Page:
"Deleted Scenes" (8:06, SD) deliver some mildly interesting trims of various lengths (including more sexytime bits from the young lovers), but the real must for fans of the Mamma Mia! property is the "Deleted Musical Number: 'The Name of the Game'" (3:00, HD), a ballad sung by Amanda Seyfried to Stellan Skarsgård. A brief collection of "Outtakes" (1:33, SD) focuses on Meryl Streep's cutting up (when she's not cutting a rug). Along similar lines we get the surreal raw take of the trimmed "Björn Ulvaeus Cameo" (1:35, SD).
"Anatomy of a Musical Number: 'Lay All Your Love on Me'" (5:42, HD) details Dominic Cooper's nerves about singing, confirmed by Cooper himself, Lloyd, Lowe, and a substantial amount of behind-the-scenes footage from the number's shoot. We also see Lloyd staging the number on the beach with Cooper and Seyfried, who gives her thoughts about the unsexy shoot on a cold beach; Lloyd and Van Laast also chat about working with the snorkel-clad dancers, as we watch them put tbhrough their...paces.
"The Making of Mamma Mia!" (24:05, HD) is a surprisingly extensive featurette with cheery input from Lloyd, Streep, Skarsgård, Pierce Brosnan, Colin Firth, Christine Baranski, Dominic Cooper, producer/creator Judy Craymer, lyricist/executive producer Björn Ulvaeus, screenwriter Catherine Johnson, composer/executive producer Benny Andersson, producer Gary Goetzman, music director Martin Lowe, choreographer Anthony Van Laast, associate choreographer Nichola Treherne, executive producer Mark Huffam, and production designer Maria Djurkovic. The ample behind-the-scenes footage includes dance training, music direction, the actors and director at work and play during the shooting the scenes and musical numbers, and the choreographers and designers at work. Always an interesting element, audition footage crops up to kick off the segment on the cast: it's Seyfried's crack at the mic.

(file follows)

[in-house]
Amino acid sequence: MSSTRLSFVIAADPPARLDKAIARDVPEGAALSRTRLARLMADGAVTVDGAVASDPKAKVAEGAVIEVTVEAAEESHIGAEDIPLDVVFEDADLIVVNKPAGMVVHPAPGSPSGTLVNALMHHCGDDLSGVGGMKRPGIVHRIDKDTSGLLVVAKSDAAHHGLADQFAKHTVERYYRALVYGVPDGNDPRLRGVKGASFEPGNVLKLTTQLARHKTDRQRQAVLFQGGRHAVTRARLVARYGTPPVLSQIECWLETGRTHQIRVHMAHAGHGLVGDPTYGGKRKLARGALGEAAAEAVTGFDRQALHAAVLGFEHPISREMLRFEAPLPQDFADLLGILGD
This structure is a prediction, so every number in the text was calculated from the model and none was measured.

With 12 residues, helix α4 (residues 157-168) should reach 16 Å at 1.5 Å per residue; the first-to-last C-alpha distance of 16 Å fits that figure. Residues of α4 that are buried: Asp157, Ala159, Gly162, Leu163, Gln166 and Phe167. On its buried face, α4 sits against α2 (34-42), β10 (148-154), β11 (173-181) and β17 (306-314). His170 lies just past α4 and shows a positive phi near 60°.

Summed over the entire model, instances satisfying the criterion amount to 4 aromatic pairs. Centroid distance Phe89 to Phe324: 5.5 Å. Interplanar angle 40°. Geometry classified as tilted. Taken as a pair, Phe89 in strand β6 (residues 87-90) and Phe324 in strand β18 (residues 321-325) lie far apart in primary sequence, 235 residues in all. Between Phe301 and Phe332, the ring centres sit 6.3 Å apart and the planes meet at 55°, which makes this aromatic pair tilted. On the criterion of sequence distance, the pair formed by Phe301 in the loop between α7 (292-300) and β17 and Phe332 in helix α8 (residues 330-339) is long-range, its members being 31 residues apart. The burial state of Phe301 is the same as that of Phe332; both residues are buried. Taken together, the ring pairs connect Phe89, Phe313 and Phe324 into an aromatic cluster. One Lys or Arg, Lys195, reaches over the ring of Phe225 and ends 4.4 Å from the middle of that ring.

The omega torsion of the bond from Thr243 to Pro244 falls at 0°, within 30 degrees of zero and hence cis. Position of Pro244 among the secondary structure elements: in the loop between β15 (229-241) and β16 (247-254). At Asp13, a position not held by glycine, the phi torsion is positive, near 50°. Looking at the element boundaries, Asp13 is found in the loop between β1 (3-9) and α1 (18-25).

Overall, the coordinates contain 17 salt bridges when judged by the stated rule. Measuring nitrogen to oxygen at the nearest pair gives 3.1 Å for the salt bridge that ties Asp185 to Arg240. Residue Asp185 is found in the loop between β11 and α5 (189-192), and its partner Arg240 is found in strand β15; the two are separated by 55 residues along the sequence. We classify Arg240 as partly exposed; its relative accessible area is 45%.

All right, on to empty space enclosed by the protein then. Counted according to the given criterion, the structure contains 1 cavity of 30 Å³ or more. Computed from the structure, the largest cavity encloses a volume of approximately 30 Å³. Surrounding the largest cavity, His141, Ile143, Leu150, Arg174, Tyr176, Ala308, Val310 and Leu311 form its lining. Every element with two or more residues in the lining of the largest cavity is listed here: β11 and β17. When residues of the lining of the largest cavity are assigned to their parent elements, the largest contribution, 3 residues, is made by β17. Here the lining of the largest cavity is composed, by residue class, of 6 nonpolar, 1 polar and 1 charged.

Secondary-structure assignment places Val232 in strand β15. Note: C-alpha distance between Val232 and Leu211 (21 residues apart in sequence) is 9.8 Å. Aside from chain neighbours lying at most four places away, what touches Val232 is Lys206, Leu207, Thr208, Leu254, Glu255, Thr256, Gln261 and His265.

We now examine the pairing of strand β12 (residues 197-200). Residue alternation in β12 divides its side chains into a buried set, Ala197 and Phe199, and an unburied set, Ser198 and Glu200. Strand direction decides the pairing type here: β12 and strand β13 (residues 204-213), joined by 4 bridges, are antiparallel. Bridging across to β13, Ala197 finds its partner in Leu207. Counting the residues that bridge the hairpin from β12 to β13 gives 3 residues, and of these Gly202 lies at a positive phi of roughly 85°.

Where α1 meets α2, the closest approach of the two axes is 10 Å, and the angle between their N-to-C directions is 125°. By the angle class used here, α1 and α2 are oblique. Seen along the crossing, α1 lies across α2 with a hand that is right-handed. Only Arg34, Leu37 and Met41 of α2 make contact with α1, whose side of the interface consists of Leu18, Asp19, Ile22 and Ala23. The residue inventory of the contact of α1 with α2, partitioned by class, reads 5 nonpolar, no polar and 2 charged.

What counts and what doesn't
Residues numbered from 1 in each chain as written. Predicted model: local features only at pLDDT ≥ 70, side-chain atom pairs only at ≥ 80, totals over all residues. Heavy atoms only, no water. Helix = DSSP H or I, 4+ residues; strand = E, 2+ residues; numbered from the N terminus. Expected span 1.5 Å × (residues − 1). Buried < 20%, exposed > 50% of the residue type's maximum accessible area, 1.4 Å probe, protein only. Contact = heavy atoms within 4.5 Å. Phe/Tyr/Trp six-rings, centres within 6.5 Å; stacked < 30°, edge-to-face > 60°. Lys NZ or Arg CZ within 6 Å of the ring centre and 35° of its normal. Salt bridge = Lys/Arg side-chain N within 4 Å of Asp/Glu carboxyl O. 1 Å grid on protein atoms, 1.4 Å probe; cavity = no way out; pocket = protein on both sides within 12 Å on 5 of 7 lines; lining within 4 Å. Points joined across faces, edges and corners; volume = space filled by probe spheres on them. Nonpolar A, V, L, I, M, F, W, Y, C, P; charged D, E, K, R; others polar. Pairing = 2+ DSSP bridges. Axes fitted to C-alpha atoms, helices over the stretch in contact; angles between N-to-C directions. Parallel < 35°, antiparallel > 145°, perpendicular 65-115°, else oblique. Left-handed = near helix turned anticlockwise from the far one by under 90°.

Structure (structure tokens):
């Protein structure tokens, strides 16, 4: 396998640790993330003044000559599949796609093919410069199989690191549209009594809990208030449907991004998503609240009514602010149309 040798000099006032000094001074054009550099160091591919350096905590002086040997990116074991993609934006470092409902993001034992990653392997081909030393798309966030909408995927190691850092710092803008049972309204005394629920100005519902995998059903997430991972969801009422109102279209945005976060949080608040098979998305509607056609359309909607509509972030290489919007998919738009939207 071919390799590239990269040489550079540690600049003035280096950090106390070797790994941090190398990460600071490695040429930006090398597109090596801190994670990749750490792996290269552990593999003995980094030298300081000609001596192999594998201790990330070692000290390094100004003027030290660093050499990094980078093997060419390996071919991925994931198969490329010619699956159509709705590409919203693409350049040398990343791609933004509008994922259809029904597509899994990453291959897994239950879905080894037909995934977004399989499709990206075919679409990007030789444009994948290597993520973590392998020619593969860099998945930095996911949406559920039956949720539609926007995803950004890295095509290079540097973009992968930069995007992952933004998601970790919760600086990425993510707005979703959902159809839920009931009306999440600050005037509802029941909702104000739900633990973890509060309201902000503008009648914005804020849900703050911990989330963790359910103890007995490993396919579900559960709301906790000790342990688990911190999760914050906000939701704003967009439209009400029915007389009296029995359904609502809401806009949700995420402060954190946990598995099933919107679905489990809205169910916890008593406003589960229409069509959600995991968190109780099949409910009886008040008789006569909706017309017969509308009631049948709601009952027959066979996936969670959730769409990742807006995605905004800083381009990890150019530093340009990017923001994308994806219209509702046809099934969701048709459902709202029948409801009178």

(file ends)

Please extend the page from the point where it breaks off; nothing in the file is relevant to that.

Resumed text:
"Becoming a Singer" (10:55, HD) features Andersson, Lloyd, Craymer, Streep, Goetzman, Ulvaeus, Lowe, Baranski, Skarsgård, Brosnan, Firth, Seyfried, Huffam explaining the process of preparing the music and shooting the musical numbers (Lloyd maintains that a bit of the live audio was used, but the featurette doesn't hide that most was filmed with playback and earbuds). The niftiest aspect of this featurette is all the studio footage of the actors recording the tracks used in the film.
"A Look Inside Mamma Mia!" (2:40, HD) is a pretty generic featurette (seemingly some kind of "sizzle reel" for promotional purposes) with brief comments by Lloyd, Ulvaeus, Brosnan, Streep, Baranski, Craymer, Lloyd, and Goetzman. "'Gimme! Gimme! Gimme!' Music Video" (3:49, SD) is a cheesy, old-school MTV-style clip showcasing Seyfried.
This disc's U-Control (available from a special menu or on-the-fly during playback) is devoted largely to an exclusive Picture-in-Picture track with most of the same talent from the documentary appearing in behind-the-scenes footage and cast and crew insights doled out to correspond with relevant scenes in the film. Also available in U-Control: Behind the Hits, giving pop-up stats for each and every ABBA song and its corresponding album. The picture-in picture track has a bland promotional feel, but it does address the appeal of the property, the concerns about and choices made in translating it from stage to screen fully intact, and the efforts made to craft the big-scale production numbers, many on location.
As is its wont, Universal also provides a My Scenes bookmarking feature and BD Live access to extensive additional features housed at the studio website. A second disc gives access to a Digital Copy for convenience of portable playback.
It's hard to imagine Mamma Mia! fans feeling short-changed by this special edition Blu-ray, which makes a good case for a bit of their money, money, money.